The votes are in: popular support for Delhi’s odd-even road rationing plan is overwhelming. A two-day online poll run by Hindustan Times found that people regard the plan as a success, want it to continue and they would support similar measures.
A day before the plan was to end, the Supreme Court on Thursday refused to urgently hear a petition challenging a Delhi high court verdict that approved its implementation till January 15. The apex court even described the petition as a “publicity stunt”.
“People are dying due to air pollution… We are doing car pooling and you want to challenge it for publicity,” a bench headed by Chief Justice of India TS Thakur told advocate B Badrinath, who had appealed for an urgent Supreme Court hearing against a Delhi high court order that refused to cut short the 15-day initiative.
The public also seems to have a positive view on the scheme, which ends on January 15.
Hindustan Times launched an online poll on Tuesday, asking its readers to rate the 15-day traffic plan. They were also asked if the formula should continue in Delhi, and whether they would support a traffic congestion tax if it reduces pollution and jams on city roads.
As many as 15,261 readers responded to the questions till 4pm on Thursday, with many giving the AAP government’s initiative a thumbs up. An overwhelming 60.43% said that the AAP’s government’s radical policy was a success, while 21.28% thought it was a mixed bag. Only 18.29% of the respondents felt that the odd-even formula was a failure.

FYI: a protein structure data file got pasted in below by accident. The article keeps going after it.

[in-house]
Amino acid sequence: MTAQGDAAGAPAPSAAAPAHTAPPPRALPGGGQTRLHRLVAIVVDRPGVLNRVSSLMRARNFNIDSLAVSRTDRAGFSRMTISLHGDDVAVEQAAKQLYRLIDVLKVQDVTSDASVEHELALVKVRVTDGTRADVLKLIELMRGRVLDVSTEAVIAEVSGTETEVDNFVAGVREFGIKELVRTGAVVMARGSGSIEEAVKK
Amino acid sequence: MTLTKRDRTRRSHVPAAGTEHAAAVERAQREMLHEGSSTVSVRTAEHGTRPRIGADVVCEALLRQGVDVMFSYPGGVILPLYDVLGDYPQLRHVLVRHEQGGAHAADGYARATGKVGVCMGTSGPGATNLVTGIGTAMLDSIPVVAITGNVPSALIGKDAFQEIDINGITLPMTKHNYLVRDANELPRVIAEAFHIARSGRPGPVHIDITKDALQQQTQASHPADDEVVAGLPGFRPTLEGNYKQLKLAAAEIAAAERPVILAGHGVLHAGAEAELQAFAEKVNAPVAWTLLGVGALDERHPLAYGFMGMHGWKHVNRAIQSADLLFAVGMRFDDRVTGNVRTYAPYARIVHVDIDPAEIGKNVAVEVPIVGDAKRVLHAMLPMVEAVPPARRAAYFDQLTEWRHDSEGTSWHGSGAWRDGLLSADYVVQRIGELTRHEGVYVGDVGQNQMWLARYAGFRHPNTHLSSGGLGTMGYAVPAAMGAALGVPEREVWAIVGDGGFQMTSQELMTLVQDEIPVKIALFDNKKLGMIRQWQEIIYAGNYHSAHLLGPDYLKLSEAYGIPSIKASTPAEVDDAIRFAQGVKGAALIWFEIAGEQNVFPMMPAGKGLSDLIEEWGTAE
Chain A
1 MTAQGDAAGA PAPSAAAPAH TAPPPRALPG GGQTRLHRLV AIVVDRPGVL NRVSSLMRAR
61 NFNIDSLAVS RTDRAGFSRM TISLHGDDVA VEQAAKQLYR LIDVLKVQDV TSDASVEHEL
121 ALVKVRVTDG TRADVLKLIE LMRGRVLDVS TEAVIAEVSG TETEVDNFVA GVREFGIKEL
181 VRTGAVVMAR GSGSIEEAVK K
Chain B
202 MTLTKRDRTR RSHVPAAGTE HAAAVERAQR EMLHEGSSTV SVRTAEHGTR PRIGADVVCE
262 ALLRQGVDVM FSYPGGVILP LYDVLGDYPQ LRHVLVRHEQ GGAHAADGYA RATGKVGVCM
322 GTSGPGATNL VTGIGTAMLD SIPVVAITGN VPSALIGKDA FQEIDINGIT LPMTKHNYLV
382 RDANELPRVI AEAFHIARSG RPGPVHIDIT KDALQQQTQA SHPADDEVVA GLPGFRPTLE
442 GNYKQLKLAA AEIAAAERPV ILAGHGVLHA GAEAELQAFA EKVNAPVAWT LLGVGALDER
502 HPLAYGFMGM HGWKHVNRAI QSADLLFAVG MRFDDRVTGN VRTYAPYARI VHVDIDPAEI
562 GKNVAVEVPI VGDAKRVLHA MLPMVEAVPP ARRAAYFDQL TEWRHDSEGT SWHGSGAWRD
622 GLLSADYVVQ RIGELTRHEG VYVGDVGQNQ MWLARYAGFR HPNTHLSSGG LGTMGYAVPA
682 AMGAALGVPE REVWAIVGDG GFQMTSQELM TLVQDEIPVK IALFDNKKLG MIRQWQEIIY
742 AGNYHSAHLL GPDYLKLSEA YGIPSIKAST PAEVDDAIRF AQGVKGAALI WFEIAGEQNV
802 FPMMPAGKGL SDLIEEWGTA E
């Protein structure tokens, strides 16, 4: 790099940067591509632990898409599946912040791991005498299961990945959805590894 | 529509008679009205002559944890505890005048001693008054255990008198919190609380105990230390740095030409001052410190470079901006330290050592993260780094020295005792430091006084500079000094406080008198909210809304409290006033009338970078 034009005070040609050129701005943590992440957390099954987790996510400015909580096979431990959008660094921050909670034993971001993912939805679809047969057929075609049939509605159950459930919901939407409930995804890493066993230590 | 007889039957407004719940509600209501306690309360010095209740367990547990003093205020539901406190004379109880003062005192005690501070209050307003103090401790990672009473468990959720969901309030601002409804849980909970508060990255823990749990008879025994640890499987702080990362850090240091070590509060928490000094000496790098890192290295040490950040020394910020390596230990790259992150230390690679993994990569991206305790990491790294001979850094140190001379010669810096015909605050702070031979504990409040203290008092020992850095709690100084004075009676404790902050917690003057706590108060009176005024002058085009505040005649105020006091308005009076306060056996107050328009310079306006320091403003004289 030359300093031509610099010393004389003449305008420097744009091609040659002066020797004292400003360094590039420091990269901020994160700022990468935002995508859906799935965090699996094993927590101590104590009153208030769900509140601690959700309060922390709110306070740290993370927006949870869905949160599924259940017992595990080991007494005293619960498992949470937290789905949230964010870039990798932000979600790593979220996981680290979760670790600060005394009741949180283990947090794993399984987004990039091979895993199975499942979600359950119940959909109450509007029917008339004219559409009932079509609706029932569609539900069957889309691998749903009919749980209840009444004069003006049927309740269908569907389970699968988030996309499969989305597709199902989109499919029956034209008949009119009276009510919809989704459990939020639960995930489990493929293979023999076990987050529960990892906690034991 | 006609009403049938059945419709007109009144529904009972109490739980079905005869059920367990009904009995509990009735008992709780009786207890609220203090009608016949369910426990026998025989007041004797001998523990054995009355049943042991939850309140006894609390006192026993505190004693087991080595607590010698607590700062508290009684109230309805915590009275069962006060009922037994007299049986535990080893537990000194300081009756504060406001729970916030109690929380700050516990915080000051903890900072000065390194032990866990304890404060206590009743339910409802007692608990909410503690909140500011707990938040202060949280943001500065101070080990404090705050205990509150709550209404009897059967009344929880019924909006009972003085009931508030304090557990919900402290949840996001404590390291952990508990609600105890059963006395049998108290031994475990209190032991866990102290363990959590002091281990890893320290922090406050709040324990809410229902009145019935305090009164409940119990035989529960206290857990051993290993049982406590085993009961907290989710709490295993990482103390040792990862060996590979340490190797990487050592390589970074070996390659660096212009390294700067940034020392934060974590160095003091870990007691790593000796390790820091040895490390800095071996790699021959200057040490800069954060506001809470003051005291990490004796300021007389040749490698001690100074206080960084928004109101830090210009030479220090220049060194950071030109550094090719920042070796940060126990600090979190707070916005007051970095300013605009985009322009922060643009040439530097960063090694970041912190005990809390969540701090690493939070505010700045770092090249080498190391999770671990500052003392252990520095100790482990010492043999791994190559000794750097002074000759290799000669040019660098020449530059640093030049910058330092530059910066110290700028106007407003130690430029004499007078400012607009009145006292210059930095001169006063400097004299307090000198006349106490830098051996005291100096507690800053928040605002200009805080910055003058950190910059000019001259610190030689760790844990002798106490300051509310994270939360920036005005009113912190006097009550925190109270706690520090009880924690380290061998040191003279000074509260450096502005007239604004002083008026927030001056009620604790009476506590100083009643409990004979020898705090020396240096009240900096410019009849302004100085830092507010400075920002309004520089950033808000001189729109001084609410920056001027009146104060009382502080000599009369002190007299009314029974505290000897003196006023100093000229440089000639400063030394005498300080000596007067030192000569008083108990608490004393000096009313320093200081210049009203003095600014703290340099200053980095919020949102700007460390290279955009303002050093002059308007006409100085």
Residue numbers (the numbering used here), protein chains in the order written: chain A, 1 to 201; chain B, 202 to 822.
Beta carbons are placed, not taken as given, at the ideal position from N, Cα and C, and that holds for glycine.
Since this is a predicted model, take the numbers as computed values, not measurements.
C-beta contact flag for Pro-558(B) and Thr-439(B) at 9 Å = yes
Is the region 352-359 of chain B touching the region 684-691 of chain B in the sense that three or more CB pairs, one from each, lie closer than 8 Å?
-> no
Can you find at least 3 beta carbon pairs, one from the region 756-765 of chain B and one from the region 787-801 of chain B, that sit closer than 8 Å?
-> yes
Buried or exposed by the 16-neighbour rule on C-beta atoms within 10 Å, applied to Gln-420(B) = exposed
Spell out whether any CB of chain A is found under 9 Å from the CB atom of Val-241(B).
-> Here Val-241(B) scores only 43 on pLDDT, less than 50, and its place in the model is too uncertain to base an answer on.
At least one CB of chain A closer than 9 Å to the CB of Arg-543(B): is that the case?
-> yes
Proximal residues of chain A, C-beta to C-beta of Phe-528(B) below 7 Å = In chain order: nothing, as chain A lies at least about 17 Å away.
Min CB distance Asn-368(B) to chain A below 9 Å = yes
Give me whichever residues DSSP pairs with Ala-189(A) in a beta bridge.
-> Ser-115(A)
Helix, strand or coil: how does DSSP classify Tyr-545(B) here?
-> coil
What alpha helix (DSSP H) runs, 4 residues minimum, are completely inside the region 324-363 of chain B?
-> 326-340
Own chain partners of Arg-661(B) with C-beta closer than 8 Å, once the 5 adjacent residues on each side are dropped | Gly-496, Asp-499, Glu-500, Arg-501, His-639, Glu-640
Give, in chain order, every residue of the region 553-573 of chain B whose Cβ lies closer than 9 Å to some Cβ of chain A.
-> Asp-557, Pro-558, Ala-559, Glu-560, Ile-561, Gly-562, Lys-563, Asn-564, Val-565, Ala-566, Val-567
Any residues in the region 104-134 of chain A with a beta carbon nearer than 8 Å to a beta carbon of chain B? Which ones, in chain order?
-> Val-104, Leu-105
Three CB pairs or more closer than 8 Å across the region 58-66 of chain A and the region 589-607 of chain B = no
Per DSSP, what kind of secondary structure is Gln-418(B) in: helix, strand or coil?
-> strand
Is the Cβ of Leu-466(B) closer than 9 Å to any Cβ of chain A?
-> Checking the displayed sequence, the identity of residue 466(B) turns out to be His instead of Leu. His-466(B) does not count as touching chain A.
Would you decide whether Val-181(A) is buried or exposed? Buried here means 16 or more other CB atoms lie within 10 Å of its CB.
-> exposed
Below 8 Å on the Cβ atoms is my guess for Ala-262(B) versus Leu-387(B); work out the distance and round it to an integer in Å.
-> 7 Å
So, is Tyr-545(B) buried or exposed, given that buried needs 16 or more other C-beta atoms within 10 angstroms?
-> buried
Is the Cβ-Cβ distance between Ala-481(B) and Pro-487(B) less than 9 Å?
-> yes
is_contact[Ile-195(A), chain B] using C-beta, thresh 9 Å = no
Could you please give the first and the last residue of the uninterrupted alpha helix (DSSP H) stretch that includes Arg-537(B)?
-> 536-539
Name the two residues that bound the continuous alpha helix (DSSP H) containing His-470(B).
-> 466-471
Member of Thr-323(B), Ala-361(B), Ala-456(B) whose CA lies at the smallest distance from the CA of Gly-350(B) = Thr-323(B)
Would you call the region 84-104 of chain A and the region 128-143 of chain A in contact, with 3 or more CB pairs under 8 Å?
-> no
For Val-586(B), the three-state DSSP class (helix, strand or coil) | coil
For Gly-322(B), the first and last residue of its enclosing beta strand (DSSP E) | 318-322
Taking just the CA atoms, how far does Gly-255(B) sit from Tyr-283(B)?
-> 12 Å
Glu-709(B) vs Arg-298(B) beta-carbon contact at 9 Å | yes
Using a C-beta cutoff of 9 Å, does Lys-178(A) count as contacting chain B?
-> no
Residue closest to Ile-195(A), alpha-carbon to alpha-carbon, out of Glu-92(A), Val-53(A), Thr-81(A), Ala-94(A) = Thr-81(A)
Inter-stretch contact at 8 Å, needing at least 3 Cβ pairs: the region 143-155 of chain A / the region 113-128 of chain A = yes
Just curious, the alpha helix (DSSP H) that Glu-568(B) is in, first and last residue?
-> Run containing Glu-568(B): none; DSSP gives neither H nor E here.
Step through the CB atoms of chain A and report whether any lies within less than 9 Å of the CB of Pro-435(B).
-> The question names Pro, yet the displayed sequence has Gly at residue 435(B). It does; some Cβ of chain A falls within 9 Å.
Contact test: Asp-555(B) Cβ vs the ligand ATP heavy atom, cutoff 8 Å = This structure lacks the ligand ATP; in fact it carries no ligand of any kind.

When asked whether they were ready to pay a traffic congestion tax, 66.72% of the readers replied in the positive. While 30.76% said no, only 2.52% of the respondents said they had no opinion on the issue.
As many as 68.27% of the readers said they wanted the odd-even formula to continue in Delhi, a far cry from the 29.8% that refused to support it. The ones without an opinion were a paltry 1.93%.
However, chief minister Arvind Kejriwal declared that the odd-even plan would not be extended. The government needs time to assess the impact of the experiment on air quality, he added.
Kejriwal has defended the scheme by describing it as an emergency measure aimed at reining in off-the-chart pollution in Delhi, where the air is probably the filthiest in the world.
Nevertheless, the jury is still out on the success of the plan, with some saying that the city witnessed a marginal dip in pollution during the period and others gushing over fewer traffic jams and smoother commutes. Critics of the scheme, however, say that the city’s public transport system is inadequate to handle the heavy commuter load, and the odd-even scheme has done precious little to curb air pollution.
(Note: Online polls are not scientific and respondents may not represent all sections of society.)